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Concerning the Times when these Mysteries and
these Forms of Worship, were introduced.
It is manifest from what has been already said, that the religion and the deities of Greece were introduced in very early times : and they must have been much prior in the country, from whence they were borrowed. Hence Sir John Marsham with the greatest probability imagines, that they were established in Egypt before the time of Moses. Festa Ægyptiorum temporibus Mosaicis vetustiora fuisse merito videri possunt. This may be inferred from the times, in which these persons are supposed to have lived, by whom the rites were imported into Greece. The first Grecian fathers have endeavoured to lower the dates of these transactions, in order to raise the æra of Moses, that he may be found prior to any history of Greece: as if truth depended upon priority; and the cause of religion were hurt by any foreign pretensions to antiquity. They however allow these emigrants a very early date ; and place them many ages
Chron. Canon. p. 186. * See Just. Martyr, p. 13, 14. Tatianus Assyrius, p. 274, 5. Theop. ad Autol. p. 392, 3. and 399.
before the æra of Troy: and still farther from the first Olympiad. Eusebius, who studied the chronology of the ancients with great dili-gence, seems to come nearest to the truth. And his system, however by some disputed, appears in respect to these .very early occurrences to be the best founded.
Among the various migrations into Greece, ... there are three, which are particularly noticed by him, and by other writers. The first was under · Cecrops. His arrival is by. Archbishop Usher, from the evidence of * Eusebius, adjudged to the year of the Julian period 3158, ante Christum 1556, and fifteen years after the era of Moses, which was P. J. 3143. His birth must have been antecedent. The next colonies were brought over at different intervals by Danaus and Cadmus. The former is supposed by the same writer, according to the computation of Eusebius, to have left
! See Sir John Marsham, Chron. Can. p. 15, ? Chronol. p. 12.
flewras Kargoy o dopuns ratu Mapaelwyny xoldspaasX. t. 2.In his time Moses flourished. Kata de T8Toy Mwgons toe 'ESgaiss Eyvasgassto. Euseb. Chron. p. 27. Cecrops is referred to the most ancient times. Kata és Tgroter Tigopendeus, xolo Atlas, xai Ersunbevs, zilo di uns Kingos, xa lw. Clemens Alexand. Strom. I. 1. p. 380.
Egypt in the year J. P. 3230 : ante Christum 1484, about seventy-two years after' Cecrops: and eighty-seven from the birth of Moses. Cadmus is placed somewhat antecedent, and in the time of the same patriarch. But it is probable, that he left Egypt more early: or at least, that a colony of Cadmonians left that country long before their settlement in Hellas. For it is said of Cadmus, that before he came to Greece he, together with Phoenix, resided and reigned in the region of Tyre and Sidon. • Καδμος και Φοινιξ απο Θηβω των Αιγυπτιων εξελθοντες εις την Συριαν Τυρε και Σιδωνος εβασιhevrov. « Cadmus and Phoenix, after they “ had left Thebes in Egypt, and were arrived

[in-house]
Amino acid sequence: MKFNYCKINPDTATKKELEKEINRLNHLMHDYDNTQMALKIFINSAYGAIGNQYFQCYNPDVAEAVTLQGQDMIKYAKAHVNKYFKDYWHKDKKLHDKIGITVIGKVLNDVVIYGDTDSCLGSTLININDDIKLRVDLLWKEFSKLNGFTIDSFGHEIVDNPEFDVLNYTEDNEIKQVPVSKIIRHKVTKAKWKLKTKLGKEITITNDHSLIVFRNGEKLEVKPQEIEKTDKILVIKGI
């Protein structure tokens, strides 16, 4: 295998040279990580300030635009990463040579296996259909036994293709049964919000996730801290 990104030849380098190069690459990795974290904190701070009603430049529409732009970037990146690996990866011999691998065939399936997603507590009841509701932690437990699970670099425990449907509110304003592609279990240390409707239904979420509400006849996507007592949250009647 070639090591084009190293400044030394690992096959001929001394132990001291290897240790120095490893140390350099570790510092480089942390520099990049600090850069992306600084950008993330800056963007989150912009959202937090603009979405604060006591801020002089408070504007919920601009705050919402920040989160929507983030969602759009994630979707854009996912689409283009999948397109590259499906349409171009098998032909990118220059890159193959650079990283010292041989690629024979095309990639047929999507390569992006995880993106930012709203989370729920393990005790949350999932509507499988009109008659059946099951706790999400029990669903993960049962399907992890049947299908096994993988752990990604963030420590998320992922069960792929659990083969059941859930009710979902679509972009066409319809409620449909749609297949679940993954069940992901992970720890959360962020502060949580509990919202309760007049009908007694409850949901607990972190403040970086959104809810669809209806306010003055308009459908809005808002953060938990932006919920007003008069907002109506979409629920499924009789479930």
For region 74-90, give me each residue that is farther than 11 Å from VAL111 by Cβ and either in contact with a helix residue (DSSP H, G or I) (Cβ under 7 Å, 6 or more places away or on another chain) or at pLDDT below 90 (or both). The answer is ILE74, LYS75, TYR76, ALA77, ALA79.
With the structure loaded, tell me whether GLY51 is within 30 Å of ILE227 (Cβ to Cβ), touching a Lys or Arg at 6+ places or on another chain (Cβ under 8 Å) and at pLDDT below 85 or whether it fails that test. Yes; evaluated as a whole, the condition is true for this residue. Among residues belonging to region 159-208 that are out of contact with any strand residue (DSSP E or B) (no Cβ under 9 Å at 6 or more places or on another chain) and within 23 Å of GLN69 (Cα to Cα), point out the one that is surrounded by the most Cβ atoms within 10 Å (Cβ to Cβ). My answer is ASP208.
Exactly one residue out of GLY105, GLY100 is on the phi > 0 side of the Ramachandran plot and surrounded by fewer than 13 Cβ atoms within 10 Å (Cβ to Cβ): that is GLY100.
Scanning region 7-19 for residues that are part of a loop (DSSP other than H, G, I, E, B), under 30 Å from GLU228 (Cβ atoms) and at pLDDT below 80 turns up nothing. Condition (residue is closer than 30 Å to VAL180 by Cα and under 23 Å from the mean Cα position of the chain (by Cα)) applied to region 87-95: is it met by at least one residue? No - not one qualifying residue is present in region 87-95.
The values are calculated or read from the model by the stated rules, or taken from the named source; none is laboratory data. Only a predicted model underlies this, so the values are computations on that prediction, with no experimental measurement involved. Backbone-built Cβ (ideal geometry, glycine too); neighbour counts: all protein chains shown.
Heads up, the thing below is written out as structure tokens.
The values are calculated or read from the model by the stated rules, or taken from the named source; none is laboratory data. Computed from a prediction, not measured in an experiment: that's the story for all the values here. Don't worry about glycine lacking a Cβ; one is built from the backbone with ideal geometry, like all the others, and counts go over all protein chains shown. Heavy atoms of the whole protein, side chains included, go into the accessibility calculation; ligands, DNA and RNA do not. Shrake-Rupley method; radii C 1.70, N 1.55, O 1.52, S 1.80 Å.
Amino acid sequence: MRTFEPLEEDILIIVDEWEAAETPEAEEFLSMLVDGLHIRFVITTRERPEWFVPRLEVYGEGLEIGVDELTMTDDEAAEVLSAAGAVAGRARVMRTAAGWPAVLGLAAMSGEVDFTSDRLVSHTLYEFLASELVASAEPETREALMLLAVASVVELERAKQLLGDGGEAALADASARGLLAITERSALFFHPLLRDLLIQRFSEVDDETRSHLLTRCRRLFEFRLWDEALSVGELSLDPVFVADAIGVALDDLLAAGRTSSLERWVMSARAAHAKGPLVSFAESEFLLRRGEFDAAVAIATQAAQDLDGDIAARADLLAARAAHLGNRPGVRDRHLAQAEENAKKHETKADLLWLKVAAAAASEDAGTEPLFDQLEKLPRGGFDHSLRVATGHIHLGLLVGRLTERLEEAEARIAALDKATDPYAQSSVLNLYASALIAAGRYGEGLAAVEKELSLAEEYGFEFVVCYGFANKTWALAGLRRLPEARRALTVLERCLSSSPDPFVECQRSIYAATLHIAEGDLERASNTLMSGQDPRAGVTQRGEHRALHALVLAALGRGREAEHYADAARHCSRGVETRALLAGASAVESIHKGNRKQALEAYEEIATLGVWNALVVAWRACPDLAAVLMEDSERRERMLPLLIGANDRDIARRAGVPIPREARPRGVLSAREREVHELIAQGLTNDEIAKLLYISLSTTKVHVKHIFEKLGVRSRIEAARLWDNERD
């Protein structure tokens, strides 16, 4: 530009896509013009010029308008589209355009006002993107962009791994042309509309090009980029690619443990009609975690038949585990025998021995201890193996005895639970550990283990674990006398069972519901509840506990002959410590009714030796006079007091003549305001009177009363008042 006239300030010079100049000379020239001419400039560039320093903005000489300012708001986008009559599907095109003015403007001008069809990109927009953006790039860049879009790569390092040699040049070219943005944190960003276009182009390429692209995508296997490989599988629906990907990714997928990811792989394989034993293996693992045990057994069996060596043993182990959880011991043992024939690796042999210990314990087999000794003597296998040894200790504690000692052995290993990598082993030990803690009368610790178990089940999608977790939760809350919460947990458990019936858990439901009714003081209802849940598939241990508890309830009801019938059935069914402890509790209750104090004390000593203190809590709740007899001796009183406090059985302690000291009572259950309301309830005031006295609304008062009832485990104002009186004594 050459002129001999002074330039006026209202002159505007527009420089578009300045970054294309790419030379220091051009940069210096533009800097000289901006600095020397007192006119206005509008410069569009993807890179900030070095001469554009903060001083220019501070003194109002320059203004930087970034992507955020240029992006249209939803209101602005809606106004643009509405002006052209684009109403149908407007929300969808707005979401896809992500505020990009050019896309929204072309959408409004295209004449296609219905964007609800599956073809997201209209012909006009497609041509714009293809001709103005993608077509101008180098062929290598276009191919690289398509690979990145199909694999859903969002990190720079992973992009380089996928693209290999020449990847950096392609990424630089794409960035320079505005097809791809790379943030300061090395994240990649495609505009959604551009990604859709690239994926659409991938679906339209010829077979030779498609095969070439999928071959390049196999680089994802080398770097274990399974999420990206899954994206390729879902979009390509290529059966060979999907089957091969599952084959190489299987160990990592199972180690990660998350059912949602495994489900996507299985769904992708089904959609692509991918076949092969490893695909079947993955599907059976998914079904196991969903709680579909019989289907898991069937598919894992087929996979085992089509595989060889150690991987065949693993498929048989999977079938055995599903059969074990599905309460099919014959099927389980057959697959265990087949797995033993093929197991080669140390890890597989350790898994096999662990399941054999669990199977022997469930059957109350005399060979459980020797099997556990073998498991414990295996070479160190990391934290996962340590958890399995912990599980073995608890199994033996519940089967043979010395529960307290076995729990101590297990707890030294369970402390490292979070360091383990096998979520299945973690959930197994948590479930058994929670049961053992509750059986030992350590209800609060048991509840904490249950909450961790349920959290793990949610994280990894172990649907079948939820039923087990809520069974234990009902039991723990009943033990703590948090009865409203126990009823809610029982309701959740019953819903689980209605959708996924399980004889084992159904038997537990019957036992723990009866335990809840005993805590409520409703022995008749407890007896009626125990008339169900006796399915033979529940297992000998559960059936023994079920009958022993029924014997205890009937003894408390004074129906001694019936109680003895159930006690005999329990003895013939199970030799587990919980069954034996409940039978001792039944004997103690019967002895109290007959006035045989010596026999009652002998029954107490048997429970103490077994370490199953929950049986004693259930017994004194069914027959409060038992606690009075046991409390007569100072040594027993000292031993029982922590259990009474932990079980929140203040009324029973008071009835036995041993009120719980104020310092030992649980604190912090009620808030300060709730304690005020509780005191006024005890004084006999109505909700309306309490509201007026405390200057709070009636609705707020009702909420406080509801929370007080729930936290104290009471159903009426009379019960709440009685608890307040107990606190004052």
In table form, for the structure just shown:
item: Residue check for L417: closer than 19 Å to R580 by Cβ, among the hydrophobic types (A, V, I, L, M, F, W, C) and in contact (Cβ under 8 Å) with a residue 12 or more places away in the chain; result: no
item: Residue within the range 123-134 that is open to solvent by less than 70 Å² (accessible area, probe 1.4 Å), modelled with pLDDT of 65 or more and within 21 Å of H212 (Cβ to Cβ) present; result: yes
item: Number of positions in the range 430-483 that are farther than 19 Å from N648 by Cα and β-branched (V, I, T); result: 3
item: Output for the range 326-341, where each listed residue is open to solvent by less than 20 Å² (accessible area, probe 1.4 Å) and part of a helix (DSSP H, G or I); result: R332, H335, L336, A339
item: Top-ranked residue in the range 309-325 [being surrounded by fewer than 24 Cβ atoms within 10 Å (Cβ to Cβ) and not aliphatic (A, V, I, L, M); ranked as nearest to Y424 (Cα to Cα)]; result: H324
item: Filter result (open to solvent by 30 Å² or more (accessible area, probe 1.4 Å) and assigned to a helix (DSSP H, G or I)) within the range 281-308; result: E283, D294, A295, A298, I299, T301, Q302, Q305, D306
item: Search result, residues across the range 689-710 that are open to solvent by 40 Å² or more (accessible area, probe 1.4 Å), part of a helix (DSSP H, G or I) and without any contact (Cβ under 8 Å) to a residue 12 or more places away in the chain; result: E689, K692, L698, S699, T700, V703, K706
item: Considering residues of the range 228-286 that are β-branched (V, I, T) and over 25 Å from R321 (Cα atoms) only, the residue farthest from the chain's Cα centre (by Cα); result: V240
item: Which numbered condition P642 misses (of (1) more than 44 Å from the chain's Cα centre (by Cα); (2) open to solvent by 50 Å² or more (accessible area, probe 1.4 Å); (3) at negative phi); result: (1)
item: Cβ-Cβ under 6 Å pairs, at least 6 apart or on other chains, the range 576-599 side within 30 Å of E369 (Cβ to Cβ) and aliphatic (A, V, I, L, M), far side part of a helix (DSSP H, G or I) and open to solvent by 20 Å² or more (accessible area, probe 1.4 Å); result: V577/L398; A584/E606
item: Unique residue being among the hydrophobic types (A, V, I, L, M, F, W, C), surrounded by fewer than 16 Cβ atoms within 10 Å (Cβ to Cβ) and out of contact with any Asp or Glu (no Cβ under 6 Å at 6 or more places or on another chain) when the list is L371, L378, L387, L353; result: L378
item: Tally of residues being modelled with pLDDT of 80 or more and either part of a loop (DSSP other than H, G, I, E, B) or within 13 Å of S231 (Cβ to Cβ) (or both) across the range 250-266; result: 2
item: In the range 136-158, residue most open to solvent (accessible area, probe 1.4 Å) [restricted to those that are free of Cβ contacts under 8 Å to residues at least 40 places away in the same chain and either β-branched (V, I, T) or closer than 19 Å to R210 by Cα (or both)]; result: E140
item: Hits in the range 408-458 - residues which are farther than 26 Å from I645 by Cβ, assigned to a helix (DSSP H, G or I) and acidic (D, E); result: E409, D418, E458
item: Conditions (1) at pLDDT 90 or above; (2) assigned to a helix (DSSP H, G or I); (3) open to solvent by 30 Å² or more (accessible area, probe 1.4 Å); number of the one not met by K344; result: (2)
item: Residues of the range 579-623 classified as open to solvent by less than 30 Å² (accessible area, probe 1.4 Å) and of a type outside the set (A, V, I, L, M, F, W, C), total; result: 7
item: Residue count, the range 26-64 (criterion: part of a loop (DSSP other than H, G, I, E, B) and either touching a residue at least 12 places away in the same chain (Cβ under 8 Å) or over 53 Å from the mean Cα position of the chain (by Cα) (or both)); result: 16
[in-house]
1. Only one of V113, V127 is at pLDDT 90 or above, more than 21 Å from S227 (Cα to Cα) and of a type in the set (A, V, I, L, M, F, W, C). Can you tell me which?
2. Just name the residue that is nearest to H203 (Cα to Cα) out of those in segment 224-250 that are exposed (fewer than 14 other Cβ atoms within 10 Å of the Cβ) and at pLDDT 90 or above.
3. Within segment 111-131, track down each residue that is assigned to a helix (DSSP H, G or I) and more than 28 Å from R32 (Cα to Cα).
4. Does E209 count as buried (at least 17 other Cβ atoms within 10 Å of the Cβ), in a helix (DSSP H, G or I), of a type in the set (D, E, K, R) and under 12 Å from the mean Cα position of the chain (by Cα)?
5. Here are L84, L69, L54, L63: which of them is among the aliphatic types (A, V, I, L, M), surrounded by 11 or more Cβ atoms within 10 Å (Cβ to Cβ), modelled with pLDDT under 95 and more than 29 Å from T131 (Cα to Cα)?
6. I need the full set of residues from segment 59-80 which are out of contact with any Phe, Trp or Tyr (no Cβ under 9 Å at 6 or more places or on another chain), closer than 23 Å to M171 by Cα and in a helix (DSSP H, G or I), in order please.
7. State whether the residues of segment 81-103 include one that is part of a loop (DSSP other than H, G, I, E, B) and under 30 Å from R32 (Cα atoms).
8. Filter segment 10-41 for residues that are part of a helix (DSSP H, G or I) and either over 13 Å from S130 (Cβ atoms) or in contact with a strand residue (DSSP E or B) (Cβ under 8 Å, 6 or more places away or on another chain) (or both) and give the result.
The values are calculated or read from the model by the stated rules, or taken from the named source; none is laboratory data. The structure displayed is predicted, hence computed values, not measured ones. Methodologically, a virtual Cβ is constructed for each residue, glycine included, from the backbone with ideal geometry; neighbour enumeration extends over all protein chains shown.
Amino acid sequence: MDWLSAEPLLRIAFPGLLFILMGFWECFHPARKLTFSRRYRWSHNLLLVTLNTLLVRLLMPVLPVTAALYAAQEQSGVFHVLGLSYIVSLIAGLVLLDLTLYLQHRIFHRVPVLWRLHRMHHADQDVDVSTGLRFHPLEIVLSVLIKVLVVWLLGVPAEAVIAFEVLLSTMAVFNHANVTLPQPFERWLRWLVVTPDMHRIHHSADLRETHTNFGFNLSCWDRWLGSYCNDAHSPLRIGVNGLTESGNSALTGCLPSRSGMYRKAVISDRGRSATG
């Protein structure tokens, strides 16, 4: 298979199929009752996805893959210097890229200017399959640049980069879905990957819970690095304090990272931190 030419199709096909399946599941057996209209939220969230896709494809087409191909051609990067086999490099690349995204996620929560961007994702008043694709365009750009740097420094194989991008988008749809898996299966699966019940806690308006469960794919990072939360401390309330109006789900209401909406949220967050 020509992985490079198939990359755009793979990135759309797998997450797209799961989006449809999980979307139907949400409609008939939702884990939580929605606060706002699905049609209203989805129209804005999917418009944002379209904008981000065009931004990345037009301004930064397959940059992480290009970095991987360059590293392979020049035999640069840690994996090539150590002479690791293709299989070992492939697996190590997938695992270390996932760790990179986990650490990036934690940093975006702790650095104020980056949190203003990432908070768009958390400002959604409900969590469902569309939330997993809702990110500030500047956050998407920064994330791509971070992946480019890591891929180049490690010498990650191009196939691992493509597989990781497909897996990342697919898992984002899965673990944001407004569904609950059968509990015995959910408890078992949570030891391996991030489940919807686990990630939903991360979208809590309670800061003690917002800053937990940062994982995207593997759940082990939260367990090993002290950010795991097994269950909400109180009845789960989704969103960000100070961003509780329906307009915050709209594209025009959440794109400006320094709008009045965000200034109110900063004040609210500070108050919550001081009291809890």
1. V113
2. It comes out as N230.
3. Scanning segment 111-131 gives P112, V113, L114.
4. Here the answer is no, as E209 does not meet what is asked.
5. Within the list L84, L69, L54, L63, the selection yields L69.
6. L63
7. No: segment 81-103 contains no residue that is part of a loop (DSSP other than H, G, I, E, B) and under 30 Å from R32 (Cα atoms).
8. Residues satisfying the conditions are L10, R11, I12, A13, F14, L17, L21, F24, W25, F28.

at Tyre and Sidon, reigned in those places.” Now the Cadmonite is mentioned by 3 Moses among the nations of Canaan, or in its vicinity, as early as the days of Abraham. Hence we may be led to form conjectures concerning the great antiquity of this people.
There is likewise an obscure history of a
Usher's Chronol. p. 19. Concerning these migrations see Diodorus Sic. Ecloga,
* Euseb. Chron p. 27. Syncellus, p. 152. 3 Genesis, xv. 19.
person named · Apis, who came from Egypt to Argos: where he succeeded that ancient prince Phoroneus. From him the country is said to have had the name of Apia. He brought with him the learning of his country: and was esteemed both as a prophet, and a physician.
Thus have I given an account of some of the most early migrations from Egypt into Greece; and of the persons by whom the colonies are supposed to have been conducted. I am sensible, that these accounts are mixed with fable; and there are many, if not imaginary, yet mistaken characters alluded to in the process of Grecian chronology; upon which there can be no just dependence. I do not believe that any such persons reigned at Argos as Inachus: or Phoroneus, avâgwawx TwTos; or as Atlas in Mauritania, or as Hellen, or Deucalion in Thessaly. The history of Cecrops and Danaus is to my apprehension of another climate and æra. They were each imported into Greece, and afterwards adopted and ingrafted upon the histories of the country. Yet I make no doubt, but that persons stiled Cecropidæ, Danaidæ, Apidaneï, and the like, came over from Egypt: and though their arrival may not be precisely determined, yet we may plainly perceive, that it was at different intervals, and in very remote ages. In short, these colonies from Egypt were of so high antiquity, that from the rites which they imported, we may judge of those which prevailed in the time of Moses. For they, who introduced those rites, were of Egypt, and either cotemporary with that lawgiver, or antecedent to him. This will warrant any application which I may sometimes make to the traditions and customs of Greece, when I have occasion to illustrate by them the rites and worship of Egypt. In like manner, I shall have recourse to the religion and mysteries of the Sidonians, Tyrians, and Babylonians : as they were undoubtedly of great antiquity.
' Αυτης δε χωρας Απιας πεδoν τoδε
Παλαι κεκληται φωτος ιατρε χαρίν.
Æschyli Supplices, v. 266.